After taking action to remove the primary cause of fireplace odors, there is every chance that the scent can still linger if the soot and ash sinks into permeable bricks and masonry. You can now use a deodorant that’s meant for the fireplace. To ensure optimal freshness, place the bottle on the smoke shelf and bring up the wick.

3. Deodorize with Vinegar

A powerful deodorizer like vinegar can effectively get rid of the overpowering soot stink that surrounds your fireplace. You can attempt any of the options that are listed below and then choose the approach that works best for you:

  • Place vinegar in a few shallow bowls around the room to absorb any unpleasant odor.
  • Mix equal parts of water and vinegar in a spray bottle and spray the fireplace area to deodorize at the source.
  • Spray a towel with vinegar and wave it around the room to absorb the fireplace odor.
    TIP: You can also use it to eliminate cigarette smell in your home.

DO NOT combine vinegar with ammonia or bleach, if you decide to use vinegar to deodorize your fireplace. This combination could produce a dangerous toxic gas.

4. Absorb the Smell with Charcoal

Charcoal is an effective way to treat a smelly fireplace as it is capable of soaking up the odor around it. Set a bucket with charcoal blocks and damp pieces of old newspaper near the fireplace and let the charcoal go to work.

5. Run an Air Purifier

Air purifier in cozy white living room for filter and cleaning removing dust PM2.5 HEPA and virus in home, for fresh air and healthy Wellness life, Air Pollution Concept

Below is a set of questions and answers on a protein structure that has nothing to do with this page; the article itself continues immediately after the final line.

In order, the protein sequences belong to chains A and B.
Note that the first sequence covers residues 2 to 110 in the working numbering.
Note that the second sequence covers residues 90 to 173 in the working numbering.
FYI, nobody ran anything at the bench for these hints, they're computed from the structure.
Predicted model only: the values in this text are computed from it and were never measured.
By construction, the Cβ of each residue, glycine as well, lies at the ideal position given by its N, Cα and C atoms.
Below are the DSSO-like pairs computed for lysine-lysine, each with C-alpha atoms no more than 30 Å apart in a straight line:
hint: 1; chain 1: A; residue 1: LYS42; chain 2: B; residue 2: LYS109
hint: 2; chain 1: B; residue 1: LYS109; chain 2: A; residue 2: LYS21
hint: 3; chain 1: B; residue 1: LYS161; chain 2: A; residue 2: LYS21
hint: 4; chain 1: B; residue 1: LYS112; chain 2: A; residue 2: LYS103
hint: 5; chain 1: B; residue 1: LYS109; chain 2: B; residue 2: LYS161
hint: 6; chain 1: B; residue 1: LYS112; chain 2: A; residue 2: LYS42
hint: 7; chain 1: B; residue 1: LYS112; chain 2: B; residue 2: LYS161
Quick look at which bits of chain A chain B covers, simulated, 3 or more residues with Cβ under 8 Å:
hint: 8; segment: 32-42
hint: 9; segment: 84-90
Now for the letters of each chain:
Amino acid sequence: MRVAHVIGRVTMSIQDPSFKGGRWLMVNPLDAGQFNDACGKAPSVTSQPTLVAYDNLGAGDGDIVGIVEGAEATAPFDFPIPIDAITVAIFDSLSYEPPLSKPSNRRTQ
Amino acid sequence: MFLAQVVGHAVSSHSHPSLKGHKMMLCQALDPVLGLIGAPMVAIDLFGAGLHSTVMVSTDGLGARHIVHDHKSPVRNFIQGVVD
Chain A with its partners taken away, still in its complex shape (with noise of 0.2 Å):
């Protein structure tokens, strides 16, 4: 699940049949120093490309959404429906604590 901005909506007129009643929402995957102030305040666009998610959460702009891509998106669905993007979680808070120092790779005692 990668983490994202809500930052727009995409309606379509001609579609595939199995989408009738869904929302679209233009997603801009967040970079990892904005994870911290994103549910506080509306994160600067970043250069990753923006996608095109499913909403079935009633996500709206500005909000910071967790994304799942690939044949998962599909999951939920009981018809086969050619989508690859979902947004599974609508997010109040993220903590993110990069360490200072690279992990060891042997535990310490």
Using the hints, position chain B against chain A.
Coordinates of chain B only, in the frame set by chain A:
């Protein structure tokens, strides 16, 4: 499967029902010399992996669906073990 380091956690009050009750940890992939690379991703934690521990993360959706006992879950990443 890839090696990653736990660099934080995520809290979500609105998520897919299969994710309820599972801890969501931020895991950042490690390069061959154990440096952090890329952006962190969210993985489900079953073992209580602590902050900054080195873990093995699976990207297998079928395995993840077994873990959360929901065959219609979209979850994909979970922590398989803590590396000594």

Portable air purifiers are designed to remove odor from the air. You can run one near the fireplace. Ensure you find a model that doesn’t produce ozone as a byproduct. This known lung irritant could be harmful to people with respiratory problems.

6. Have Your Fireplace Inspected

If odors still persist despite following all these tips, there could be an airflow issue. A fireplace inspection could help to reveal potential problems so you can have them repaired on time. Inspecting fireplaces and vents before problems develop will ensure that issues get detected early enough thereby helping to avoid unsafe situations.

When Can I Say It’s an Emergency?

Air quality issues are usually the cause of strong gas fireplace odors. However, to rule out more dangerous possibilities, follow the steps below:

  • Turn off your fireplace by shutting off the main gas valve
  • Allow the room odors to fizzle out
  • If you still smell gas, there may be a small leak somewhere in your system

You should now be concerned if you notice a gas smell coming from your fireplace. The odours that come from dust burn-off can be explained, the same with an initial start up. However, when it comes to smelling gas, you must take immediate action regardless of whether the fireplace is in use or not.


Modern gas fireplaces could emit a particular smell for a number of reasons. Although a fireplace typically emits a faint odor, it is also important to take proper precautions if you think there is a potential gas leak. 

Natural gas fireplaces are safer than conventional wood-burning fireplaces and rarely provide any life-threatening issues. Natural gas itself is odorless, but has an additive that makes it smell like rotten eggs. This is designed to alert you if there is a leak in your area, as it can be very dangerous. If you perceive an odor similar to that of rotten eggs around your natural gas fireplace, leave your home immediately and contact your local utility service.